hours up on the roof to attend to the system.
Sky Green towers currently produce three vegetables popular with locals - nai
bai, xiao bai cai and Chinese cabbage, which can be harvested every 28 days.
They already supply NTUC FairPrice, Singapore's largest grocery retailer that
has a network of over 230 outlets and supermarkets. The urban-grown vegetables
cost roughly 20 cents more per kilogram than the imported varieties.
The group's purchasing manager, Tng Ah Yiam, recently told a Straits Times
reporter that these "sky farms" are now able to offer their customers
quality, locally-grown vegetables "that are fresher because they travel a
shorter distance from farm to shelf".
Sky Green plans to supply two tons a day to NTUC by the middle of next year
when they expand their farm towers.
The Sky Green project feeds into a trend that has been underway in Singapore
for several decades.
Since the urban expansion of the 1990s Singapore has attempted to respond to
the scarcity of land available for traditional cultivation by promoting rooftop
A number of local institutions developed hydroponic and aeroponic cultivation
systems but none ever took off. "There was always concern over whether or
not the rooftops could take the weight of these structures," Shih Yong
Goh, former head of public affairs at AVA, told IPS.
Experts like Lee Sing Kong, director of the National Institute of Education and
a long-time advocate of the use of 'sky farms', believe there is an urgent need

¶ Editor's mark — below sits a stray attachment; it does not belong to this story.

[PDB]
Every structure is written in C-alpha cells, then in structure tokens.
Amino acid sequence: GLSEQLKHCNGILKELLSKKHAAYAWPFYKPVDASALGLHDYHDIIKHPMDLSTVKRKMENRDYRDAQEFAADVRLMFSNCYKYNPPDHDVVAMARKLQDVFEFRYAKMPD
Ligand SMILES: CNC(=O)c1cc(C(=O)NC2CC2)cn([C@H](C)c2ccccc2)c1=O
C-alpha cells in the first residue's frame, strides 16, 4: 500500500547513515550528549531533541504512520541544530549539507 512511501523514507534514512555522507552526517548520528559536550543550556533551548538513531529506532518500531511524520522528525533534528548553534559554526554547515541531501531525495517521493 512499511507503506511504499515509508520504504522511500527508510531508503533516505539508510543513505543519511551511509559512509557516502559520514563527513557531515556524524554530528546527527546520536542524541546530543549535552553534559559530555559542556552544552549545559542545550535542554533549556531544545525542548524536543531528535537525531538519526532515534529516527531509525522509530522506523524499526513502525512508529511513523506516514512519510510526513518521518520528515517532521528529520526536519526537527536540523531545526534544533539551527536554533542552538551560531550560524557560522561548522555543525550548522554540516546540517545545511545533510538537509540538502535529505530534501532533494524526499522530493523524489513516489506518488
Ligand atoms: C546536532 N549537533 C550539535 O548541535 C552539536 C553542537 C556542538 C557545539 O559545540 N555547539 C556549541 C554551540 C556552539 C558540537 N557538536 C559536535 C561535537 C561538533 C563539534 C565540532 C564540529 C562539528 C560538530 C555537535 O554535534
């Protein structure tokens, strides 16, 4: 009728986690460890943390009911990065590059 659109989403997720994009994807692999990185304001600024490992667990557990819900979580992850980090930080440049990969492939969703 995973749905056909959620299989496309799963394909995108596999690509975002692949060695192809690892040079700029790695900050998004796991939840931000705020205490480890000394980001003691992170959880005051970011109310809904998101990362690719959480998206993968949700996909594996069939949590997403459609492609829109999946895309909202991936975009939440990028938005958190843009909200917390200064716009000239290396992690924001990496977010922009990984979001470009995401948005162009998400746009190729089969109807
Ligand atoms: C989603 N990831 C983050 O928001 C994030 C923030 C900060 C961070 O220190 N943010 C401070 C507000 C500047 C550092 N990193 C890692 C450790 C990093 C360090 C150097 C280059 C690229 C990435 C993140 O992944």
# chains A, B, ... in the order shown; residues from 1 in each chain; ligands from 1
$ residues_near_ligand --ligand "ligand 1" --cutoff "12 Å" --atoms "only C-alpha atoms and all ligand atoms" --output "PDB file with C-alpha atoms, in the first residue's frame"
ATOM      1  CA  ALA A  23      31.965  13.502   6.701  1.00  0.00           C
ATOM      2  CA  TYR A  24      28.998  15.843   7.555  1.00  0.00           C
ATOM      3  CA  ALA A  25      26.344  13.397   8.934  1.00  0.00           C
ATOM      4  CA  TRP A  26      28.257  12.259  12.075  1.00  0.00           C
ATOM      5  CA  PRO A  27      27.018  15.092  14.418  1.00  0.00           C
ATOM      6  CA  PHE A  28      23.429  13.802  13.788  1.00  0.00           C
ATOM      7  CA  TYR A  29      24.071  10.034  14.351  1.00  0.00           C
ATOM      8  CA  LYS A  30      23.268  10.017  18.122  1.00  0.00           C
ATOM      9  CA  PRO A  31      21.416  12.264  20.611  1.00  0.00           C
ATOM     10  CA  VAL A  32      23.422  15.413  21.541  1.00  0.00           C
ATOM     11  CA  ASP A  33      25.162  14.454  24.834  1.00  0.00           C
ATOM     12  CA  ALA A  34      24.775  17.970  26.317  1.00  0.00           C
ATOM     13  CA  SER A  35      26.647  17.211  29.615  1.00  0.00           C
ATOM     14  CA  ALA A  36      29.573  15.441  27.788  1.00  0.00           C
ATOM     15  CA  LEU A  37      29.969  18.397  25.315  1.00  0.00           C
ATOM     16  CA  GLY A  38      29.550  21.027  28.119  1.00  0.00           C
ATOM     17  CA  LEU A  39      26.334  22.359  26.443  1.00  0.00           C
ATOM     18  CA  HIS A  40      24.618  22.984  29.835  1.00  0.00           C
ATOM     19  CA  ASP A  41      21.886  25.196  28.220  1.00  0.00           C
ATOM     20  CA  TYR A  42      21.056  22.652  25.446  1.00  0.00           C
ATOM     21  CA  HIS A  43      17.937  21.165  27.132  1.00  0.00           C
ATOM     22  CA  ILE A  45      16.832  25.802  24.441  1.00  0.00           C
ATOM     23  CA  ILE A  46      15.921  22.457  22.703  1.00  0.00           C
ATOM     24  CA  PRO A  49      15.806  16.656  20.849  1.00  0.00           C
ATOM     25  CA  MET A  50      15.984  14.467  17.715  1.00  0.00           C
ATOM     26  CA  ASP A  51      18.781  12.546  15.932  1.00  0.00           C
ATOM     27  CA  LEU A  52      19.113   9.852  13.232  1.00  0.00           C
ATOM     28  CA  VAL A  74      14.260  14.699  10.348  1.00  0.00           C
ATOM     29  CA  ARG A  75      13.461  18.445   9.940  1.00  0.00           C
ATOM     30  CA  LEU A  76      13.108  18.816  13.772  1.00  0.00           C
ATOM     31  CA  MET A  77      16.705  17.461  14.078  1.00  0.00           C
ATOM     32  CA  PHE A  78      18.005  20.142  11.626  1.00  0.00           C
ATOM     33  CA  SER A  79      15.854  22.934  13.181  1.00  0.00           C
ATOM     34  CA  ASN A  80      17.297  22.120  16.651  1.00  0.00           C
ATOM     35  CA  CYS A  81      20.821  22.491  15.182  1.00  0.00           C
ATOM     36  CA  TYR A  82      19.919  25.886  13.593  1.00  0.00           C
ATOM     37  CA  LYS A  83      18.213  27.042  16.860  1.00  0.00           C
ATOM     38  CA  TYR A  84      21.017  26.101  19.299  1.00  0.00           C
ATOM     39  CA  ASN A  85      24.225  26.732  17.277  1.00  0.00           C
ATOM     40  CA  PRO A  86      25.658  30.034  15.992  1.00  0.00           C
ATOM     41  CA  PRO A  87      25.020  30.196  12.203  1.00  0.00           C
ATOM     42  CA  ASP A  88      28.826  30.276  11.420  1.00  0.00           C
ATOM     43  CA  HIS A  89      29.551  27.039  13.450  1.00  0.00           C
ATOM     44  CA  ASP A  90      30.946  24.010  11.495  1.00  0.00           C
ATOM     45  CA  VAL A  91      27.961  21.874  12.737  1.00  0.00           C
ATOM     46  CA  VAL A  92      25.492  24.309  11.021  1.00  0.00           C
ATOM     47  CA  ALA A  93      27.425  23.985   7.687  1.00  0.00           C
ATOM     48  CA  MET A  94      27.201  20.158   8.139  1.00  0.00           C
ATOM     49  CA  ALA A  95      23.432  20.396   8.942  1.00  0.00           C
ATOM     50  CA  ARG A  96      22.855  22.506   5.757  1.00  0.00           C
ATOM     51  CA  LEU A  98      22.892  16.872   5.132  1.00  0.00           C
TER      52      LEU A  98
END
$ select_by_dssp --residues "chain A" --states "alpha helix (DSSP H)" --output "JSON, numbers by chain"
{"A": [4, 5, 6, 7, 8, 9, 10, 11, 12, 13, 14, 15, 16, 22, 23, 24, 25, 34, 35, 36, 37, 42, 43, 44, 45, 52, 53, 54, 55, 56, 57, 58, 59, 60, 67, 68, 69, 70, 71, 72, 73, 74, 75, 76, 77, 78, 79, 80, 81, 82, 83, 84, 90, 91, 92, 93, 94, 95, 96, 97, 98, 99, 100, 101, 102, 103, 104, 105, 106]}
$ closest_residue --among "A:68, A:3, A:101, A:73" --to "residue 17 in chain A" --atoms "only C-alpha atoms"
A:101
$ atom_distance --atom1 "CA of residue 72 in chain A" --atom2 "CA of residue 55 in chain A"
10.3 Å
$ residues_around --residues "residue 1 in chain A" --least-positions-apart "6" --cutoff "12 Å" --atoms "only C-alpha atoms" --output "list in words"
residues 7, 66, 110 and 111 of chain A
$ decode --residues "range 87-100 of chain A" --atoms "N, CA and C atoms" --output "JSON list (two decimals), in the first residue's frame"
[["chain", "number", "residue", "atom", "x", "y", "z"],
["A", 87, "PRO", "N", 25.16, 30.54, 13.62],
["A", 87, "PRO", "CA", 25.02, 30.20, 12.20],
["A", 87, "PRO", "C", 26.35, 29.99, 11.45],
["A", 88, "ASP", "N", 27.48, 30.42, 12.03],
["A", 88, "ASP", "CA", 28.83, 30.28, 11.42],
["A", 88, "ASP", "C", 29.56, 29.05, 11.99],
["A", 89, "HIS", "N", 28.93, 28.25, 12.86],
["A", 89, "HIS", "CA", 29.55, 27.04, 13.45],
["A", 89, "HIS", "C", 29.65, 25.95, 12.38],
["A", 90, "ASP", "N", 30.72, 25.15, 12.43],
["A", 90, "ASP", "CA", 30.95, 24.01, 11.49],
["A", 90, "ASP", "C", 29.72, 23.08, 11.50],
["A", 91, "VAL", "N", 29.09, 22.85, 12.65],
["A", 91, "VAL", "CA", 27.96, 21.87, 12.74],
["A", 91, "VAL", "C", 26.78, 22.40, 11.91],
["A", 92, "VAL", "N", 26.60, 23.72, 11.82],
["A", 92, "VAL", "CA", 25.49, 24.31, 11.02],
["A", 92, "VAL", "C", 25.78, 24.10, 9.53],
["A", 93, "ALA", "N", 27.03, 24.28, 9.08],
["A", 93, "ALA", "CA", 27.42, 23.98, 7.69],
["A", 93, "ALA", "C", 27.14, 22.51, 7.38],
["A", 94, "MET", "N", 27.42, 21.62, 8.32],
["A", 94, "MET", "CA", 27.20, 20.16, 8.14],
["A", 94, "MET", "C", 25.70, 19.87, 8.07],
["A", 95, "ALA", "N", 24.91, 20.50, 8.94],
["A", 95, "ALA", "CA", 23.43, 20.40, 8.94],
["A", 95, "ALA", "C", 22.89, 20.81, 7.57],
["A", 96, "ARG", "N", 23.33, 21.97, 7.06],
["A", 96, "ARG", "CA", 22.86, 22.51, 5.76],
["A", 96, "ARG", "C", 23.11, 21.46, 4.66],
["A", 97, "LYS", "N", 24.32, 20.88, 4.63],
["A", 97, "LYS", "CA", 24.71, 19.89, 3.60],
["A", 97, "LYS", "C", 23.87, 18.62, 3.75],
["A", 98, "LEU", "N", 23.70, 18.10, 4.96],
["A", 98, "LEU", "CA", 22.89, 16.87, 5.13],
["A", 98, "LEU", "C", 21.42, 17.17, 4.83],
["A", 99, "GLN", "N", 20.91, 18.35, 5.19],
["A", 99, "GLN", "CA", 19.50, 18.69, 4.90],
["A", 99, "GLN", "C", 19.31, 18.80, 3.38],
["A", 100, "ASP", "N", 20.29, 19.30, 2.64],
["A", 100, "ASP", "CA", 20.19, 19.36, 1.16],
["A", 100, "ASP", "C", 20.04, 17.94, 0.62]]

for Singapore to become less dependent on food imports.
Given the increasing frequency of extreme weather events, including
"natural disasters such as flooding, which could impact food production,
it may be necessary for Singapore to look at producing some of its own
vegetables from the food security point of view", he told IPS.
Kong said that he is currently involved in the development of 'vegetable
factories', whole buildings designed to grow fresh produce.
"We have (begun) developing a six-tiered aeroponic system to grow
vegetables with the help of LED lights," he said, adding, "this is in
the experimental stage. If the model proves to be successful, then the
multi-tiered system can be installed within enclosed buildings for producing
vegetables. This will certainly enhance the opportunities for urban
Since 2005, the government has shed some of its reservations about rooftop
production. The National Parks Board recently converted the rooftop of a
multi-story residential building in the densely populated Upper Serangoon Road
into an educational farm to promote urban agriculture among school children.
Meanwhile, Sky Green has signed an MOU with Singapore's Temasek Polytechnic
technical college. Dr Lee Chee Wee, director of the School of Applied Science,
believes that partnering with Sky Green will expose his students to how
technology is used in vegetable farming and make "modern farming so much
more attractive as a career choice for our graduates".
By Kalinga Seneviratne
The article can be viewed here
(Inter Press Service)
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Source: Asia Times, Hong Kong (Online)